Lazy eye is a vision development disorder in which an eye fails to achieve normal visual acuity, even with prescription eyeglasses or contact lenses. If your child is diagnosed with an amblyopic or lazy eye, it usually means that one of their eyes is weaker than the other, causing them to rely more on their ‘good’ eye.
 

How common is it?

Around 1 in 50 children develop an amblyopic or lazy eye. Amblyopia typically begins during infancy and early childhood. In most cases, only one eye is affected. But in some cases, amblyopia can occur in both eyes.
It can usually be diagnosed at about the age of four during routine eye checks with a qualified Optometrist, or at their developmental screening. Another clue your child may have a lazy eye is if he or she cries or fusses when you cover one eye.
It is very important that the child undergoes vision screening at regular basis in his early years starting kindergarten to rule out possibility of Amblyopia.
 

How is it treated?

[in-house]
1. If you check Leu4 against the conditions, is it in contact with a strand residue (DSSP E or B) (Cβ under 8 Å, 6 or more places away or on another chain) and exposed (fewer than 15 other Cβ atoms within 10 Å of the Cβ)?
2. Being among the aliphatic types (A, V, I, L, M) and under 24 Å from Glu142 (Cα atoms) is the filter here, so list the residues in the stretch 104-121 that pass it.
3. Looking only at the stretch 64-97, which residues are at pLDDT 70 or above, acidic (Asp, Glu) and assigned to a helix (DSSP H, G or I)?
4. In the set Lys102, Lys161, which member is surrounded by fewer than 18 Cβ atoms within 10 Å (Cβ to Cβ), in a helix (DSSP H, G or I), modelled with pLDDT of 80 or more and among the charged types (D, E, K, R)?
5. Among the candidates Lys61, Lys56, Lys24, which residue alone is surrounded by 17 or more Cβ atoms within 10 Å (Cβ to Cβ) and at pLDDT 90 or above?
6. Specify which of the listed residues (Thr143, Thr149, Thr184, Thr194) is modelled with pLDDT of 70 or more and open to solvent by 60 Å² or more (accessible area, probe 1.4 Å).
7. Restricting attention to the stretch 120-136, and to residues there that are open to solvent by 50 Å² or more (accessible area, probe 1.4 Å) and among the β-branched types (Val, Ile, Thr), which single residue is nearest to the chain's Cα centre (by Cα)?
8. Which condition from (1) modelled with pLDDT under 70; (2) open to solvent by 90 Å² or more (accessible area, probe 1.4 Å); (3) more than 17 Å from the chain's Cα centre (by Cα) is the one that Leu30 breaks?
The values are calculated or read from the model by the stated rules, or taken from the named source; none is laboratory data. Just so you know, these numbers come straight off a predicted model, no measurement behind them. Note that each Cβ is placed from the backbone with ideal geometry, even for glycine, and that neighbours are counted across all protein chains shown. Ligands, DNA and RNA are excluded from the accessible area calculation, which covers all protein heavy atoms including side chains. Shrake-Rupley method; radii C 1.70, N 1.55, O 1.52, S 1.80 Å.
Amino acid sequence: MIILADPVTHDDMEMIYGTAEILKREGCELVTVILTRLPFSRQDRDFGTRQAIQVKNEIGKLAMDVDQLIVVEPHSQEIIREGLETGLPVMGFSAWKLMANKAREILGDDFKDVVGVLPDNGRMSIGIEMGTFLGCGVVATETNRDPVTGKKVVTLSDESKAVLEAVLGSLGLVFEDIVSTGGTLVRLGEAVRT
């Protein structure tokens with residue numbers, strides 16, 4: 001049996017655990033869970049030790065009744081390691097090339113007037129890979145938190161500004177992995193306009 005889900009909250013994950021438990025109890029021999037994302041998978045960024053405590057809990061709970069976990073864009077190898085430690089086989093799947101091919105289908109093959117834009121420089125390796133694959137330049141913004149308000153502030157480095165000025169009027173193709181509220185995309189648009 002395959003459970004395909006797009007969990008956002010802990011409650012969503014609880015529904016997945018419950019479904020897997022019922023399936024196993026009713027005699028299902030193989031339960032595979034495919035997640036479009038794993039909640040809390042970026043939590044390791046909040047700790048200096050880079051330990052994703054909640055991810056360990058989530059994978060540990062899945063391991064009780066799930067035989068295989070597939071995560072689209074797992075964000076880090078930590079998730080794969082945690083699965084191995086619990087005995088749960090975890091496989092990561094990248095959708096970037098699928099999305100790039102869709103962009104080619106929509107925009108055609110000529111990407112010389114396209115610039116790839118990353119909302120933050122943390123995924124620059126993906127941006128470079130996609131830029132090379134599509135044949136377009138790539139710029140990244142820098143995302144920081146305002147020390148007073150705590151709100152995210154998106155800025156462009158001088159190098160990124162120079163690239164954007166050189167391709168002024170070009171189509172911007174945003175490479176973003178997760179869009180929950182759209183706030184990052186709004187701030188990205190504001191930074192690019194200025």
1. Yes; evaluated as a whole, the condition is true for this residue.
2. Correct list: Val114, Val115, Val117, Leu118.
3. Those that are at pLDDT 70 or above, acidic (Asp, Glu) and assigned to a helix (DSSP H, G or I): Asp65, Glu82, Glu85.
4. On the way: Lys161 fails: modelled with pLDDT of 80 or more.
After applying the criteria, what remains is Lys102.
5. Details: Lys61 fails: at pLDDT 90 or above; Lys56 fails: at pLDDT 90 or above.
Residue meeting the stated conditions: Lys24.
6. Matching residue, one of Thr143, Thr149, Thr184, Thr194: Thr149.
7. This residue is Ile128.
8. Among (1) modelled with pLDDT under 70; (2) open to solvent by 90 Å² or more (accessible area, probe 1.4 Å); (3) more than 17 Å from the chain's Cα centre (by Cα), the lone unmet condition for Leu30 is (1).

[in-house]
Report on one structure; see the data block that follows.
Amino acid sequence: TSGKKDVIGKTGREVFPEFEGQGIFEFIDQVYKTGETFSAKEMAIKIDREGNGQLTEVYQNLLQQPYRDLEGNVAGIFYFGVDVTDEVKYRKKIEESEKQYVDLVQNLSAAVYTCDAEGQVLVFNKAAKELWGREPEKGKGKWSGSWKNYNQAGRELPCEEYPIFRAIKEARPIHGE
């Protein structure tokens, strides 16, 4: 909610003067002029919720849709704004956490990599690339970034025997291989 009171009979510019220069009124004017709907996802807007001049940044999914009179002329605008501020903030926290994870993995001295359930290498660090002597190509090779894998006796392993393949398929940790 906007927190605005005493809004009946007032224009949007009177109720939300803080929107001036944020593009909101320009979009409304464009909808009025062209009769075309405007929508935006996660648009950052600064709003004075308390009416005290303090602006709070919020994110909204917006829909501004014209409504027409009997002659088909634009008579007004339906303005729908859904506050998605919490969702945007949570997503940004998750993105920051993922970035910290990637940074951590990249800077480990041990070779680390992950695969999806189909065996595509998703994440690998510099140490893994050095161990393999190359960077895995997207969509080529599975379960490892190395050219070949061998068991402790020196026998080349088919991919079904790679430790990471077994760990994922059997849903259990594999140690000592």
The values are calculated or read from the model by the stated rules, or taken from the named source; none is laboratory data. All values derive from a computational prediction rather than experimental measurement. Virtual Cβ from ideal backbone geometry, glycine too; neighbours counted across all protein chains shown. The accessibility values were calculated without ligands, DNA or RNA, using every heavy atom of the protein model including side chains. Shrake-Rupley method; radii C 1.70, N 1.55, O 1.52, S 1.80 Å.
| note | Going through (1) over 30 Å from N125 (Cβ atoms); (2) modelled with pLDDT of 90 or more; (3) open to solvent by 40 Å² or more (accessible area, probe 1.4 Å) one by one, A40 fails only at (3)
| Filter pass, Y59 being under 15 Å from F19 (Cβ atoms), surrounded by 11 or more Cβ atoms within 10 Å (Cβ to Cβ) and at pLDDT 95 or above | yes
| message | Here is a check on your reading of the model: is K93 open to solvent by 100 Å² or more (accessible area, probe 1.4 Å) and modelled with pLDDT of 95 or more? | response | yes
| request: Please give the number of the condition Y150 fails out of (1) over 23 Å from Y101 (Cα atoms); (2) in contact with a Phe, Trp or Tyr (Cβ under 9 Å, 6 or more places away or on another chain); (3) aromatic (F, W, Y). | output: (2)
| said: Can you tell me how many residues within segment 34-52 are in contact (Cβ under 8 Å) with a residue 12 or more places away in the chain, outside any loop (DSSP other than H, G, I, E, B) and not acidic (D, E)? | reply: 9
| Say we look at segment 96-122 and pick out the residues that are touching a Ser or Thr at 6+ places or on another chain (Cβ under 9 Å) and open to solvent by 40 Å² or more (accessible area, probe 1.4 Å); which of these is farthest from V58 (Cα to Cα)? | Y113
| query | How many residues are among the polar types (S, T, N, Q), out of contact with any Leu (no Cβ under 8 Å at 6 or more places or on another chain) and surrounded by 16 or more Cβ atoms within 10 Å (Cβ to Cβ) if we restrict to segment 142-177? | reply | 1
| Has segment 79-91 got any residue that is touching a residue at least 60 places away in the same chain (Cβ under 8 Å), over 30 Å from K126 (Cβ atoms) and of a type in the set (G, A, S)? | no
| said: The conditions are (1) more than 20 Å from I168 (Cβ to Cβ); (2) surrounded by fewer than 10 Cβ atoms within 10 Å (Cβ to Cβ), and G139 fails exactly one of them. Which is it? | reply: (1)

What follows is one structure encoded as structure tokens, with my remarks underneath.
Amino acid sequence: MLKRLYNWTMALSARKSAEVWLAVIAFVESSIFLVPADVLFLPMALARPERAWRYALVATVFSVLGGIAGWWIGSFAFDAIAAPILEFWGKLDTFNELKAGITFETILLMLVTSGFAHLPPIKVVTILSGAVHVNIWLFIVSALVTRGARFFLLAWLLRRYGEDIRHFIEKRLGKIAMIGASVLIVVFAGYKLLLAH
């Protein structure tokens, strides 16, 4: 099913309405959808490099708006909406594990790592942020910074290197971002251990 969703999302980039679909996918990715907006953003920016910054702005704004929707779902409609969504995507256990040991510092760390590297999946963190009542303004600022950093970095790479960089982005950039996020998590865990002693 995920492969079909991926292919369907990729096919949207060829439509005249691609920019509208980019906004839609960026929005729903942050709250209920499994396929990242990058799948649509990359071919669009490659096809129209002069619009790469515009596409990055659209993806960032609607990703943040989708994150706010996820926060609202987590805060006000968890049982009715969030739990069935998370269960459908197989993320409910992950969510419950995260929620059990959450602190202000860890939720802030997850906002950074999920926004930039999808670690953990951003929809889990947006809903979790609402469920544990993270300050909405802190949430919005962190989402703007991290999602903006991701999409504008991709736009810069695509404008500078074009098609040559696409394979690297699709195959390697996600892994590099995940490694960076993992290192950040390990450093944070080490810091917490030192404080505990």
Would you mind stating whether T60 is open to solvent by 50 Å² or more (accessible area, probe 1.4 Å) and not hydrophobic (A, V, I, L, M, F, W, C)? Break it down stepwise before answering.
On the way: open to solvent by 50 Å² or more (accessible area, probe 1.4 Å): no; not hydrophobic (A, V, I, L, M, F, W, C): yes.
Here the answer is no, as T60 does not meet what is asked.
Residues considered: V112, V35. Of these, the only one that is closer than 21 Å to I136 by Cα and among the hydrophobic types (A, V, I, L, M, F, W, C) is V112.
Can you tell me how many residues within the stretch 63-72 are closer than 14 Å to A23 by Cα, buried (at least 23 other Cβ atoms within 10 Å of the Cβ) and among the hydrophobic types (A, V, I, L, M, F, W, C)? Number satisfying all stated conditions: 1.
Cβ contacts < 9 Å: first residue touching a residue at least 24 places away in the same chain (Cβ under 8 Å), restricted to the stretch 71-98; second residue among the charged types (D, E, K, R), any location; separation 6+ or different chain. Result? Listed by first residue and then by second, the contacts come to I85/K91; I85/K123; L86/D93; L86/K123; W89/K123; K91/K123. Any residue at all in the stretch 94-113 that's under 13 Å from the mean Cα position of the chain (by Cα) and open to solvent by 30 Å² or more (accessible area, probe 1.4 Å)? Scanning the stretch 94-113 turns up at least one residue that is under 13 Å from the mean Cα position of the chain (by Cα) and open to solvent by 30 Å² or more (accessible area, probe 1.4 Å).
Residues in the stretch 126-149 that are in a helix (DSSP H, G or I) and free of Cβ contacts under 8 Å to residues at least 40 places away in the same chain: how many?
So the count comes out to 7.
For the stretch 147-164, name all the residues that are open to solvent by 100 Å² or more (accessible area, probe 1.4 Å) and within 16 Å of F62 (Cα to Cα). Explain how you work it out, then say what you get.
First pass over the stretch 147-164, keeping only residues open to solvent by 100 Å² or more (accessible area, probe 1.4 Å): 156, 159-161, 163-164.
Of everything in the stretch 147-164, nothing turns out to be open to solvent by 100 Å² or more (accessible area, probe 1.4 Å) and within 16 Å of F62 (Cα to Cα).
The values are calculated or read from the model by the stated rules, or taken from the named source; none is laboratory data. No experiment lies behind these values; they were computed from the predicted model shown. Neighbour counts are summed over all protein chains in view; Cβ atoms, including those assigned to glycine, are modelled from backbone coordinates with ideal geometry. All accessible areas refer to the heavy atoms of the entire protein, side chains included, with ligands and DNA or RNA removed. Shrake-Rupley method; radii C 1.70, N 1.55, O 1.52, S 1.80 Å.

Glasses will be prescribed to correct the vision in the weaker eye and often no further treatment is required. If the weak eye does not respond fully then a patch can be worn over the good eye for part of the day to force the weaker eye to work. Treatment is usually effective but may take a while. The earlier the condition is identified and treatment started, the better and faster are the results.
 

Longsightedness

What is Long-sightedness?

Children with long-sightedness can see distant objects very well, but have difficulty focusing on objects that are up close. The condition is also referred to as hyperopia.
 

How common is it?

Most children are slightly long-sighted but often will not require glasses to correct it unless it is causing a problem.
 

How is it treated?

If your child has a significant level of long sight, it can be corrected with glasses or contact lenses.